8. Designspiration: This is a great place to discover and share great design. There are a variety of images to find, but one of the coolest things you can do is have the ability to search by color. See logos, typography, graphics, etc., with a certain color background.

7. Smashing Magazine: SM is an online magazine for web designers that has topics ranging from coding, mobile, UX, WordPress and more. It offers helpful techniques and tutorials, best practices and valuable insights that might give you the kind of creative inspiration you’ve been hoping for.

6. Vimeo: Vimeo is a more small, niche community of film buffs. The community is highly engaged and has a serious love for all things film, video, cinematography and more. There is less fluff and more “on-topic” videos where people are more likely to offer constructive criticism. Follow channels and engage with other users. Check out the “staff picks” for some of the best videos out there.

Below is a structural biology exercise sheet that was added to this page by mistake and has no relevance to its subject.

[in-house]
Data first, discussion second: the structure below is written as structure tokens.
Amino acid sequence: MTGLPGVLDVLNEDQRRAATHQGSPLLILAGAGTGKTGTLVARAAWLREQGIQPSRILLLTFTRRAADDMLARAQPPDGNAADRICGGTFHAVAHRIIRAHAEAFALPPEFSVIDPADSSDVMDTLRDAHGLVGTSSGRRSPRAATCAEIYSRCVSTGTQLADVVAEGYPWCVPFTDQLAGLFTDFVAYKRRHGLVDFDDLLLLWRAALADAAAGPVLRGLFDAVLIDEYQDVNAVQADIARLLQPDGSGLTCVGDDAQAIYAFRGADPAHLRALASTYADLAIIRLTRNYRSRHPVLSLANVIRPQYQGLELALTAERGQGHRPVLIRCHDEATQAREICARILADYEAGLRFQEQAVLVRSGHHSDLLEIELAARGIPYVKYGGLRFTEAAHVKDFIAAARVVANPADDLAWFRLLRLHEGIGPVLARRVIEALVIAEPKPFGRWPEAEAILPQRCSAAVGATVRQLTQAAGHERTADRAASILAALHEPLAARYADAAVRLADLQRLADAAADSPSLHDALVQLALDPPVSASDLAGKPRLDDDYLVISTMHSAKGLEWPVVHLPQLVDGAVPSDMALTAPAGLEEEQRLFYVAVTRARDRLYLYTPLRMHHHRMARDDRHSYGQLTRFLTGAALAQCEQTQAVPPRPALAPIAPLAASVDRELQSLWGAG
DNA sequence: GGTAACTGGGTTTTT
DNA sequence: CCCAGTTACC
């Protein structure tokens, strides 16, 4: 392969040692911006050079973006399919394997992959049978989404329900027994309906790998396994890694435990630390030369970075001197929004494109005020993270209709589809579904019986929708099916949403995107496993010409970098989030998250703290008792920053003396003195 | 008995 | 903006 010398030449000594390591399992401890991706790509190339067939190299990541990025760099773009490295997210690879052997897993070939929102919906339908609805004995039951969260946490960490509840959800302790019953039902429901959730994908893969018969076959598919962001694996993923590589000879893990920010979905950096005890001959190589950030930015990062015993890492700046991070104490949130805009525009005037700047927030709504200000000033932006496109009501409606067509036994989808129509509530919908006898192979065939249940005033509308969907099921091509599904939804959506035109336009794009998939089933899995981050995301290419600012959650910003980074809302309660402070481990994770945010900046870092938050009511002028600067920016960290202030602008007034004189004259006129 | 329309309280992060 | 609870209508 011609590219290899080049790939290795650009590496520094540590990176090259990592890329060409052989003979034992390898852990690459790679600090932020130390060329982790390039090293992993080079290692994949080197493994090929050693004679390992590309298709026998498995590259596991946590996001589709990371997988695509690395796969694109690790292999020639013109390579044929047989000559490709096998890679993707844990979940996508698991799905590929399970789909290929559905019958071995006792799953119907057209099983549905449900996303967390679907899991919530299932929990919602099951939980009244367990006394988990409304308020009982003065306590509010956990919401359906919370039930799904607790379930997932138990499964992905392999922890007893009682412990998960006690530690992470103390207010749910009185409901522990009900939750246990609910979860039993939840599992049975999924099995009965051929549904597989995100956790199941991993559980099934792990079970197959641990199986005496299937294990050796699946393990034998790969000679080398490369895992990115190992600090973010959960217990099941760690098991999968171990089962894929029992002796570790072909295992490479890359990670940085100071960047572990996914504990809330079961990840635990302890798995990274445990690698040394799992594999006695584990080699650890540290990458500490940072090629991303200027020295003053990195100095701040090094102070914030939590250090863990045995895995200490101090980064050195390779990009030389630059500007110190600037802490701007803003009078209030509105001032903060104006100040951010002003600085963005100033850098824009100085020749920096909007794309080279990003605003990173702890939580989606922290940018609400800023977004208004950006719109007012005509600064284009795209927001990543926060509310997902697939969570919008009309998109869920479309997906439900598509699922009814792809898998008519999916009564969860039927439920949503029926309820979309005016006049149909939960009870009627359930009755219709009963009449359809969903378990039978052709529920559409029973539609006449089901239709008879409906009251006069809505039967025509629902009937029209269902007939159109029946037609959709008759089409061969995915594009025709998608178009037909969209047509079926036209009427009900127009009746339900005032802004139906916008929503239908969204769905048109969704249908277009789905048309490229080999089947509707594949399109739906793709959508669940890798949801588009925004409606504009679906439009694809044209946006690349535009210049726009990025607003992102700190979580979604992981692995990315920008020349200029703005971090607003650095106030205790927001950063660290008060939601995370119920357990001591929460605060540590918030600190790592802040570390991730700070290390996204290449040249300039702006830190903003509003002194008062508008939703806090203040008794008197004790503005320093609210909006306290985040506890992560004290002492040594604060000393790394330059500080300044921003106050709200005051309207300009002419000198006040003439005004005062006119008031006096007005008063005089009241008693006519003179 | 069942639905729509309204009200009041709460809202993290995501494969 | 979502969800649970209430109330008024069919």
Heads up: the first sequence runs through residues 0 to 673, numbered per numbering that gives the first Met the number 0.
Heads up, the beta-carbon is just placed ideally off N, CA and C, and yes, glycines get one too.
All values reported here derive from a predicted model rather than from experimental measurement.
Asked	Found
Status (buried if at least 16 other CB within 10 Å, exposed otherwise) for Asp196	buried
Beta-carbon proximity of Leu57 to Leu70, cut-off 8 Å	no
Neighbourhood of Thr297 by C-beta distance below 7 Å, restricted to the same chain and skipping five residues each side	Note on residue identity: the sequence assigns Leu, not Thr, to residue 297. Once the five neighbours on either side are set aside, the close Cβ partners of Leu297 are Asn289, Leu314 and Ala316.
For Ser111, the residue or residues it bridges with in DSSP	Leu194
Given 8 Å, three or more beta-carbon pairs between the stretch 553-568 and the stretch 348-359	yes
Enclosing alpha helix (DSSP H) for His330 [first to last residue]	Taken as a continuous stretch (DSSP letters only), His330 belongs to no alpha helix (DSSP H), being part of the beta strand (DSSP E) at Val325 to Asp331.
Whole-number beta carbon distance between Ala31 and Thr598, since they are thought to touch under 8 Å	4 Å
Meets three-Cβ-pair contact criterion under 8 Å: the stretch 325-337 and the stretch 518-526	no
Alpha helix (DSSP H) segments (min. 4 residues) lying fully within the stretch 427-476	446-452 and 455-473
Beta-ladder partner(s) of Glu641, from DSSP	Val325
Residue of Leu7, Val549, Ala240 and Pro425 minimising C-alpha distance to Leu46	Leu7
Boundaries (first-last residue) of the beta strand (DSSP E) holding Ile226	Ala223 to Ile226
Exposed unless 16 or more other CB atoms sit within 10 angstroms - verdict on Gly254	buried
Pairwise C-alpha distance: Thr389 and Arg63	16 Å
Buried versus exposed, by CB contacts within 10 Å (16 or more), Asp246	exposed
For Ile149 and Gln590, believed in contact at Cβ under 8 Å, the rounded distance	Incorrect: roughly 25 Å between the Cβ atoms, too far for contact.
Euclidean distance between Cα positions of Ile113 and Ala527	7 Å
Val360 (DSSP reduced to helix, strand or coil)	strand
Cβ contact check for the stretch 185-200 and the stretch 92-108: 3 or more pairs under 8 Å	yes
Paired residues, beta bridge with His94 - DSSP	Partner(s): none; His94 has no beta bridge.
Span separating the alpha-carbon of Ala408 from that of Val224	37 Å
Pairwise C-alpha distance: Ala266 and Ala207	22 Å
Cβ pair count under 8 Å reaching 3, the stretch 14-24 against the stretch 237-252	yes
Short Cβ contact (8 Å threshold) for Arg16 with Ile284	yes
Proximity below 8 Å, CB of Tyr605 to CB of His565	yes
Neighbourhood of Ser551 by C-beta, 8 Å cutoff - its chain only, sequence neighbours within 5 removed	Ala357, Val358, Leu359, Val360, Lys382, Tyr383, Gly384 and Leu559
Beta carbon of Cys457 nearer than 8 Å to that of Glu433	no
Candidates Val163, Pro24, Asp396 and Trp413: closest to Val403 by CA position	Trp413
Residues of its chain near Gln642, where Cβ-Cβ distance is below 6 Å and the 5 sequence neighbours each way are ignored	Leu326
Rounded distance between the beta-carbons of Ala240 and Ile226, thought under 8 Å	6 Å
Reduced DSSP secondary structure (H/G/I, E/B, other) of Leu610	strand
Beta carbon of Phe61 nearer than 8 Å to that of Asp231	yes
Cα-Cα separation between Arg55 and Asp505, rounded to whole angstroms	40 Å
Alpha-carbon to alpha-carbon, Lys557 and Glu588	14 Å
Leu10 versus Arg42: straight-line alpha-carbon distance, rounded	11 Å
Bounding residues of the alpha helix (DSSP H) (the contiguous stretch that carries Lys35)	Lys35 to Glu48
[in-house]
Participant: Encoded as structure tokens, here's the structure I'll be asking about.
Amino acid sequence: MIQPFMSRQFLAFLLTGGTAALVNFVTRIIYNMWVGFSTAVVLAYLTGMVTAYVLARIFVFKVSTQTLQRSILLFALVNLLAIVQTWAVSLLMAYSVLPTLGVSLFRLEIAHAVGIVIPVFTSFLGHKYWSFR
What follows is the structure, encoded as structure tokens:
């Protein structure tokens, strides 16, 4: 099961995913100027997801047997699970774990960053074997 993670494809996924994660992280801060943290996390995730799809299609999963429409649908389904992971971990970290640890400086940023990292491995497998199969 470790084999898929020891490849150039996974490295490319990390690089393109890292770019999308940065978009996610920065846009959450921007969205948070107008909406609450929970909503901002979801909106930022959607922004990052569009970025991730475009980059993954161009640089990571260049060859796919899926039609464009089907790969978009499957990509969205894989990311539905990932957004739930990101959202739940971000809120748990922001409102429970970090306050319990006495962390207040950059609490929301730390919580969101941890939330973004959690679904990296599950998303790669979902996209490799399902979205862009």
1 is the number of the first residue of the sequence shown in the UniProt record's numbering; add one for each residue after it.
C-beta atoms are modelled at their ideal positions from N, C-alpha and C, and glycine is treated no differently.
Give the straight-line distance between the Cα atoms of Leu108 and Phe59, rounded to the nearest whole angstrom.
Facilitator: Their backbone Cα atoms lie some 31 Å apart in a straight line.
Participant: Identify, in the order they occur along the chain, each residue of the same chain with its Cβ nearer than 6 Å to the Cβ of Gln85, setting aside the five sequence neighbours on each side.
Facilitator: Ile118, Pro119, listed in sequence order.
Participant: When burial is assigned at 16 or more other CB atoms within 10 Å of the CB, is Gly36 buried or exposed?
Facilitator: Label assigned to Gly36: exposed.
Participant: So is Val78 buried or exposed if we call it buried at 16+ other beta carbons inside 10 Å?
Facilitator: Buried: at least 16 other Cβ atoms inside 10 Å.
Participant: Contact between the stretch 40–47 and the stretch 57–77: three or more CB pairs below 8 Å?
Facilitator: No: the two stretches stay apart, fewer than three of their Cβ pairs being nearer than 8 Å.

5. Dribbble: Dribbble is a community of designers, web and graphic designers, illustrators, icon artists, typographers, logo designers, and other creative types share small screenshots (shots) that show their work, process, and current projects. It’s a place to show and tell, promote, discover, and explore design and is also a great place to find design inspiration. Think of it as like a social network for designers.

4. The Best Designs: A slick website that finds some of the most creative and innovative sites out there, and puts them in one place. On top of that, its design is pretty awesome.